We are proud to announce that Checkmarx SCA now allows for vulnerability analysis in Ruby code dependencies. For us, supporting another programming language allows the coverage of a wider range of vulnerabilities. This also provides our customers the required security knowledge of their code and its dependencies since you can now detect vulnerabilities in code dependencies that were undetected before. With this announcement, we would like to give a small introduction to the Ruby language and explain some of the most dangerous vulnerabilities we have observed when using this language.
A dynamic, open-source programming language with a focus on simplicity and productivity. It was developed by Yukihiro Matsumoto and released in 1995. Its syntax allows for a natural understanding of the code and it’s easy to write. Ruby is ranked 15 in PYPL PopularitY of Programming Language, which is an analysis for how often language tutorials are searched on Google. This is an indicator that Ruby is in the top 20 of programming languages that people want to learn.
Ruby is based on other programming languages like Perl, Eiffel, and Ada. It is a pure object-oriented language, and in Ruby, everything appears as an object. It is used in typical scripting language applications and to connect different software components—being also considered a glue language.
The main uses of Ruby are web development, higher-level server management projects, and data science.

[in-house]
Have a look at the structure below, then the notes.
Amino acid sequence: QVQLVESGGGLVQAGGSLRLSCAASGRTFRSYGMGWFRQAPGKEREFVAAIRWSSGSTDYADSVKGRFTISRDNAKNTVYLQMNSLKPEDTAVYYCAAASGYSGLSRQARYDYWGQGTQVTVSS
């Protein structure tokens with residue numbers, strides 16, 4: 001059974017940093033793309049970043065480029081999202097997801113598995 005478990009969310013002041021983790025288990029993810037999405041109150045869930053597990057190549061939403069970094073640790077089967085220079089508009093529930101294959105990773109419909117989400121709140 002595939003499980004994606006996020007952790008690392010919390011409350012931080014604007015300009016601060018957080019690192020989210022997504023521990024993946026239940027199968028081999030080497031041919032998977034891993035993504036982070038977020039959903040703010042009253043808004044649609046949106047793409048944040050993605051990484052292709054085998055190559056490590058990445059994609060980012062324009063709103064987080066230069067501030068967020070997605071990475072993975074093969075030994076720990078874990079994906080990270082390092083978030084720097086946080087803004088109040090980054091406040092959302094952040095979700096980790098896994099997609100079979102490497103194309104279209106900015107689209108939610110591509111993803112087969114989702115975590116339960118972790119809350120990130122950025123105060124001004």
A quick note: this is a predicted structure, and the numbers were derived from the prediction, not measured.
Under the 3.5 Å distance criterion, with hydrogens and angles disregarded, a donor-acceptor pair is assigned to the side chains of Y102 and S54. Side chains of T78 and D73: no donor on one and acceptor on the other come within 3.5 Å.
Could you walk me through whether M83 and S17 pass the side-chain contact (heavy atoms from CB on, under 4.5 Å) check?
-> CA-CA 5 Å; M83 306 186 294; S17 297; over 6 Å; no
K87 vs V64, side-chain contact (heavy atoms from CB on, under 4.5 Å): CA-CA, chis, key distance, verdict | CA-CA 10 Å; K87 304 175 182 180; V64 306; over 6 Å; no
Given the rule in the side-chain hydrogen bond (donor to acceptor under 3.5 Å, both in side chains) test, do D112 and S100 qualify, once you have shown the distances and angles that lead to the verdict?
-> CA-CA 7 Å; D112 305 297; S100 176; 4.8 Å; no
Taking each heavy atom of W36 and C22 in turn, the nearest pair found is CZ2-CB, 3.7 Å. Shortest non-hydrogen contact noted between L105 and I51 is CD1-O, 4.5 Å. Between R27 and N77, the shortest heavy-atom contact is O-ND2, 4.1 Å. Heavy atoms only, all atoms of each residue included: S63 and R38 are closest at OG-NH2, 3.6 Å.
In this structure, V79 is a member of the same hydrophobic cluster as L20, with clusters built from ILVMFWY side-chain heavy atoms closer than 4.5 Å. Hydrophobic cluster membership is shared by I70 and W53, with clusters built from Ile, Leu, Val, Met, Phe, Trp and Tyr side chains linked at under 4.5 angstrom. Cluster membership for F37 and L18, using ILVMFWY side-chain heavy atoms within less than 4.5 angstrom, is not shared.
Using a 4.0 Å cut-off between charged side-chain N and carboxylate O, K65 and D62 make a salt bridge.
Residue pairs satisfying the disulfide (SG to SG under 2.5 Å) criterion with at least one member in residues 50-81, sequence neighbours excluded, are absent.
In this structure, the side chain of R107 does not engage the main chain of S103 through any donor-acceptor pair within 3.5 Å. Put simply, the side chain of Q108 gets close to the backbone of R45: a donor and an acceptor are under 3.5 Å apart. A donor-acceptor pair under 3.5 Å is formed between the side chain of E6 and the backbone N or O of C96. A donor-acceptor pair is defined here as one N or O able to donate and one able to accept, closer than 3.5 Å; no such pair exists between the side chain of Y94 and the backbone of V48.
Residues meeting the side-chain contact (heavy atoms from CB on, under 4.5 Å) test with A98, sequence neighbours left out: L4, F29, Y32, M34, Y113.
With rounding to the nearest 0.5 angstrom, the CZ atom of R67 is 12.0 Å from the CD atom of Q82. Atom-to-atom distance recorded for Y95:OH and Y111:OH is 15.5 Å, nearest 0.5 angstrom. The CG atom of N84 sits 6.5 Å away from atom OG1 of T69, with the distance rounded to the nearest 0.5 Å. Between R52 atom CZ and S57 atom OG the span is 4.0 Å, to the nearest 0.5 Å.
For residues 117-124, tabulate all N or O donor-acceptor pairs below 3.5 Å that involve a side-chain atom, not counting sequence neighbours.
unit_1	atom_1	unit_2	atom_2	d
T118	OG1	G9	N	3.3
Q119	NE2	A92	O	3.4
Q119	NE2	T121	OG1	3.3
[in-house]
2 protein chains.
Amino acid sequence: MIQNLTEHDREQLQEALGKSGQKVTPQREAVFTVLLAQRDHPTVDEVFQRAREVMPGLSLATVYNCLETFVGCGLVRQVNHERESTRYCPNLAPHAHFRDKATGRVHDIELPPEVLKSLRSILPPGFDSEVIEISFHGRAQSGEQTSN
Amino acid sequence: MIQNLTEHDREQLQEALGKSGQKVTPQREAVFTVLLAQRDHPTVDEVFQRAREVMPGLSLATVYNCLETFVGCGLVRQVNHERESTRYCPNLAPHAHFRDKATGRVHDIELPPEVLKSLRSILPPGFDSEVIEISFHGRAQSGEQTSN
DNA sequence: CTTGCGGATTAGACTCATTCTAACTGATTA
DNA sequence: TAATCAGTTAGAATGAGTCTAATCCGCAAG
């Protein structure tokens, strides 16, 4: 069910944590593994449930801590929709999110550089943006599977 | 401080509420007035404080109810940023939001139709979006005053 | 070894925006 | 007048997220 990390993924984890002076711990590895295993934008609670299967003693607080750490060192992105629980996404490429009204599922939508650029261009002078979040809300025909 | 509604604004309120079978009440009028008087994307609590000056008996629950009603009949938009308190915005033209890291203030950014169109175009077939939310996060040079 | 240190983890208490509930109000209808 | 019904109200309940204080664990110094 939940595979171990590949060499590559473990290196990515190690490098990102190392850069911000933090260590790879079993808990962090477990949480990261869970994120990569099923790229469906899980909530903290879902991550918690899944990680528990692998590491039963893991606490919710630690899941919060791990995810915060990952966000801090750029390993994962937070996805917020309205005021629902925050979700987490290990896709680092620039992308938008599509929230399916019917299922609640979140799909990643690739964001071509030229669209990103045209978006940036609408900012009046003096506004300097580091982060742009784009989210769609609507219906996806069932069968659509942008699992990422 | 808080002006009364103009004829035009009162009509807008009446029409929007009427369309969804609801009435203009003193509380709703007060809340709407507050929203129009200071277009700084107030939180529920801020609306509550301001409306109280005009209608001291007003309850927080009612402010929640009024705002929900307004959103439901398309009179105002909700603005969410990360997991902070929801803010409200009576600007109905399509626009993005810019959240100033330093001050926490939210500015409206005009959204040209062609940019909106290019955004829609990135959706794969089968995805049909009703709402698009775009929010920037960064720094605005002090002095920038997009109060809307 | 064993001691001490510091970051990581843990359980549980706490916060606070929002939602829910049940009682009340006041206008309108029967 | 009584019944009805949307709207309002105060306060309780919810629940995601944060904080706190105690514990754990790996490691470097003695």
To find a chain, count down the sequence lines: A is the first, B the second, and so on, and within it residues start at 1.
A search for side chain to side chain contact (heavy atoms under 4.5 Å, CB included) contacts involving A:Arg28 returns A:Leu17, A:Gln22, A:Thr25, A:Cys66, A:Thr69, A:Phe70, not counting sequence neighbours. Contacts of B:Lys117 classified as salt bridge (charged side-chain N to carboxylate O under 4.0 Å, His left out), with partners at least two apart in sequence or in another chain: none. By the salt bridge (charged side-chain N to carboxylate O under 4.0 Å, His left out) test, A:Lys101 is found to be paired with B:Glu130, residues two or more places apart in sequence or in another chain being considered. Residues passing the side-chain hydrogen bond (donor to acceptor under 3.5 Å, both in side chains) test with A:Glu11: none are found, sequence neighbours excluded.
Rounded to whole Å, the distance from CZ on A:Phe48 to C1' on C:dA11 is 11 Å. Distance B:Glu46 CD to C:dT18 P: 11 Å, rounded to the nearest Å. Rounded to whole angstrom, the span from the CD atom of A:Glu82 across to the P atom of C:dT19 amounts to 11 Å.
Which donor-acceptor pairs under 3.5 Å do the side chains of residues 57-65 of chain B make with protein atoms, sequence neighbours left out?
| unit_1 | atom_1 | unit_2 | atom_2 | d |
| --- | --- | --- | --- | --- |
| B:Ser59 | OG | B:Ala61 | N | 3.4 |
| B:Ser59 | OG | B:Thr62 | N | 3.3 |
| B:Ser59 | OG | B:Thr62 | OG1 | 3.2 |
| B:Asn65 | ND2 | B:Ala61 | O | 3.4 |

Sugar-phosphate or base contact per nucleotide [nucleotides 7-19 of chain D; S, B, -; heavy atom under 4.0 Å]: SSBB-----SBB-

Like many other programming languages, Ruby allows for third-party libraries or packages to be invoked by a program. In Ruby, these packages are called Gems and they can be obtained through Ruby’s default package manager, RubyGems.
A Gem is a collection of code, libraries, dependencies, and metadata which is compressed into a “.gem” file to be used as a dependency in your code. Ruby gems are the primary target of Checkmarx SCA in finding code dependencies vulnerabilities, so we’ve had to find a generalized way to search the source code of each Gem. We looked at the structure of Ruby gems and quickly found that a gem package file is simply a tarball file which consists of three “.gz” files.
The “checksum.yaml.gz” file contains the gem hashes that ensure the integrity of the package.
The “metadata.gz” file is the result of the “gemspec” file. A “gemspec” is where all the metadata information for the gem is defined. You can find the name of the package, version, dependencies, and a list of all the source code files there. It basically tells you what’s in the gem, who made it, and the version of the gem. It’s also the interface to the RubyGems package manager.
The “data.tar.gz” file contains the actual gem code. This is the file we’re looking for in order to search what versions are vulnerable to a specific CVE.
Each Gem used in our customers code will be scanned by our SCA to provide you with the most accurate security knowledge of your code.
Ruby on Rails
We can’t talk about Ruby without mentioning its most famous web framework, Ruby on Rails.